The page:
APSF Executive Vice President Jeffrey B. Cooper, PhD, has been awarded the 2012 Distinguished Service Award by the American Society of Anesthesiologists. This award is the highest tribute the Society can pay to an ASA member. It may be given for outstanding clinical, educational, or scientific achievement, contribution to the specialty, and/or exemplary service to the Society. Dr. Cooper was elected to receive this award for achievements in all these areas, save only for clinical work. Dr. Cooper is the first non-clinician to receive the Society’s highest award.
Jeffrey B. Cooper, PhD, is the founder and executive director of the Center for Medical Simulation, which is dedicated to the use of simulation in health care as a means to improve the process of education and training and to avoid risk to patients. He is also professor of Anesthesia at Harvard Medical School. He received his BS in Chemical Engineering and MS in Biomedical Engineering from Drexel University in 1968 and 1970, respectively, and completed a PhD in Chemical Engineering at the University of Missouri in 1972.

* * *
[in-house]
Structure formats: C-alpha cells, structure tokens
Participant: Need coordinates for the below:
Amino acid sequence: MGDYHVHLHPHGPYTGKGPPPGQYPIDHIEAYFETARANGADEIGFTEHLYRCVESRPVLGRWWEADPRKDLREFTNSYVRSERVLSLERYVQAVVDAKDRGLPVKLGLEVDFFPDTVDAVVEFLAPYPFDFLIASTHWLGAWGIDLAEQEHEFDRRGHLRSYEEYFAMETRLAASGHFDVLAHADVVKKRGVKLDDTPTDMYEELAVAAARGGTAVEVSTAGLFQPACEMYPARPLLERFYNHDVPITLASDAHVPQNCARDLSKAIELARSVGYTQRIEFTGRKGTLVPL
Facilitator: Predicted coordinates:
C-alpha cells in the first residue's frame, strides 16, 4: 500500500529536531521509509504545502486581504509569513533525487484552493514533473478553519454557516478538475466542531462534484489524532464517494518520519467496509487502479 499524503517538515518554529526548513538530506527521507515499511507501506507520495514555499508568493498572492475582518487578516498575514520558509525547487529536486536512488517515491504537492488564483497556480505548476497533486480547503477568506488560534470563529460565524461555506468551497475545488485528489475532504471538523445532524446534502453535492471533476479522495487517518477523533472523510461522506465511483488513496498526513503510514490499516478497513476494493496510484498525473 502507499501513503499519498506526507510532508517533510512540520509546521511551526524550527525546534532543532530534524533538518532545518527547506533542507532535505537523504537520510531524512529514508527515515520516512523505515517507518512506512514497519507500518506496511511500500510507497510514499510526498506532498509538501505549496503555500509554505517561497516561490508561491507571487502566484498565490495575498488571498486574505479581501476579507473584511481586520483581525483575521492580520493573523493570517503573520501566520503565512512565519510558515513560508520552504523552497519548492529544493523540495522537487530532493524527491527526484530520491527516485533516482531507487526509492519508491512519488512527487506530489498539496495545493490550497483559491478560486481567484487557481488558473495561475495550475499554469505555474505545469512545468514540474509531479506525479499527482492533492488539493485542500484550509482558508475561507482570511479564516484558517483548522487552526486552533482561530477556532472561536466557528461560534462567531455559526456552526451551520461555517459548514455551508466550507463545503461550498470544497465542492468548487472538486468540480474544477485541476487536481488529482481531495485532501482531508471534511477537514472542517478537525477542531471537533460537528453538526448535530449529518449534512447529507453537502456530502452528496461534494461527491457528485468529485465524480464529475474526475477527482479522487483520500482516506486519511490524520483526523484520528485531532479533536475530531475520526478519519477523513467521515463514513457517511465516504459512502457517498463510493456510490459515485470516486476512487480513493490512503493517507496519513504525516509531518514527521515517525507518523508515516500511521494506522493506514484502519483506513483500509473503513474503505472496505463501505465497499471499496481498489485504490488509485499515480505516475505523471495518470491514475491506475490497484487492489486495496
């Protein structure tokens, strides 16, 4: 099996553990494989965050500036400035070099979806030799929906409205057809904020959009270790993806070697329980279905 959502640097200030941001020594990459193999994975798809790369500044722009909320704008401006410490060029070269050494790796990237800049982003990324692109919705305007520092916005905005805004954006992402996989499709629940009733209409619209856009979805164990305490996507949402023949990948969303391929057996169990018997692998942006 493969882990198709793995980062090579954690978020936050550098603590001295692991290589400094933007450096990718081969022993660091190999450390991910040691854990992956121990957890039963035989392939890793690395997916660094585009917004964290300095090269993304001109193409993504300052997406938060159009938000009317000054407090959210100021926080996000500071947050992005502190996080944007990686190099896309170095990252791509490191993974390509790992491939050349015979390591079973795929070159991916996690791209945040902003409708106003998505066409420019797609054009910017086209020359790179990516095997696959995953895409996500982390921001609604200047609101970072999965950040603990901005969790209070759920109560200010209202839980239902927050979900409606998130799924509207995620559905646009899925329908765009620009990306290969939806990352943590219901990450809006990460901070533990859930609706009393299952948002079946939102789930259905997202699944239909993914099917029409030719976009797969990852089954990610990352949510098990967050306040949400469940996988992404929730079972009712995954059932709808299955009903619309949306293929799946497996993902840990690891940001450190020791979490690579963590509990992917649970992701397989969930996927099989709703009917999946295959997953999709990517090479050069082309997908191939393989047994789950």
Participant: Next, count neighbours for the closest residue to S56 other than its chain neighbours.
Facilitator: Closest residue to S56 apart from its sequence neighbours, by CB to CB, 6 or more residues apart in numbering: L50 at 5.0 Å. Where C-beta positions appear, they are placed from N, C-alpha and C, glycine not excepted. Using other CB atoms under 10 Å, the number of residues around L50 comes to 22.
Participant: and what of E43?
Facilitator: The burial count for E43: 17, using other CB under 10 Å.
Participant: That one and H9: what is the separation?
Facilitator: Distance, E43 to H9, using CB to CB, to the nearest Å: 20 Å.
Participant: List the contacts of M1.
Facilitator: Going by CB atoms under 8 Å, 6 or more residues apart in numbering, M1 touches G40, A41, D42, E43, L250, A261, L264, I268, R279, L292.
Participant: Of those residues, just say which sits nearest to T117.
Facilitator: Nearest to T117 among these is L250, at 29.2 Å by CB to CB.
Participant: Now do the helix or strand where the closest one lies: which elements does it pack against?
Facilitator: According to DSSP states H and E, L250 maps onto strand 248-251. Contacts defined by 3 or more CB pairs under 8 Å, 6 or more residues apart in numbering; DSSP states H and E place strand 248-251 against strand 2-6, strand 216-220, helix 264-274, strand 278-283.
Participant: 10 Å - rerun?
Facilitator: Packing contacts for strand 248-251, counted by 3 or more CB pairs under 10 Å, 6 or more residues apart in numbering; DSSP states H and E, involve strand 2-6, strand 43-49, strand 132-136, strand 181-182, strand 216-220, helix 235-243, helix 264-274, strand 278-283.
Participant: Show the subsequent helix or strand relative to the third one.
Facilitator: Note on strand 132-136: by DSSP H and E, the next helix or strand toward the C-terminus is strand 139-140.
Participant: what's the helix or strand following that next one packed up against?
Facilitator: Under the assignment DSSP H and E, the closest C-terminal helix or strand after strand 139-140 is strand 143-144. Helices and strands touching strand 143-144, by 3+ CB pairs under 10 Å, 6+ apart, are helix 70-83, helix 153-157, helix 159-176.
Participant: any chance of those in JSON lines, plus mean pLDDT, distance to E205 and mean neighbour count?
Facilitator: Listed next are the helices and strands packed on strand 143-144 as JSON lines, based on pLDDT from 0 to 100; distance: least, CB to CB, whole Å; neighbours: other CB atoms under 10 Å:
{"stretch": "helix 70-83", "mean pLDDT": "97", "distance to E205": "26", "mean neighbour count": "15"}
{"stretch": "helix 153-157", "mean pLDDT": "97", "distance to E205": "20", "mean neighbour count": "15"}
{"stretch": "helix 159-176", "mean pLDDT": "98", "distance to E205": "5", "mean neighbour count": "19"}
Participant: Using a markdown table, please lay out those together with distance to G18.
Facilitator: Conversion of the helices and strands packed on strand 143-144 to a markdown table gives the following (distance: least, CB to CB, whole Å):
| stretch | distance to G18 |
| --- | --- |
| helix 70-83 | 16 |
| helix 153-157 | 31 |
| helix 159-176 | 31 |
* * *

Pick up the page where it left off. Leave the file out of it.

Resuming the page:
Dr. Cooper joined the Bioengineering Unit in the Department of Anesthesia and Critical Care at Massachusetts General Hospital, where he had a great impact on anesthesia patient safety in the institution. He was involved in many threads of research to improve safety, including the development of one of the first microprocessor-based medical technologies, the Boston Anesthesia System, the conceptual forerunner of today’s most advanced anesthesia workstations. Perhaps his most influential line of research was to lead a team that used the aviation-inspired critical incident analysis technique to understand the causes of anesthesia-related mishaps and injuries. A seminal publication from the group in 1978, with Cooper as first author, provided important data on the human factors of how and why anesthetic mishaps occurred. This was the first of a series of papers on the topic; publications that not only illuminated these issues in an entirely new way, but also inspired a whole generation of new investigations and investigators addressing anesthesia patient safety. It is largely for this work that Dr. Cooper is widely regarded as the “father of patient safety research.”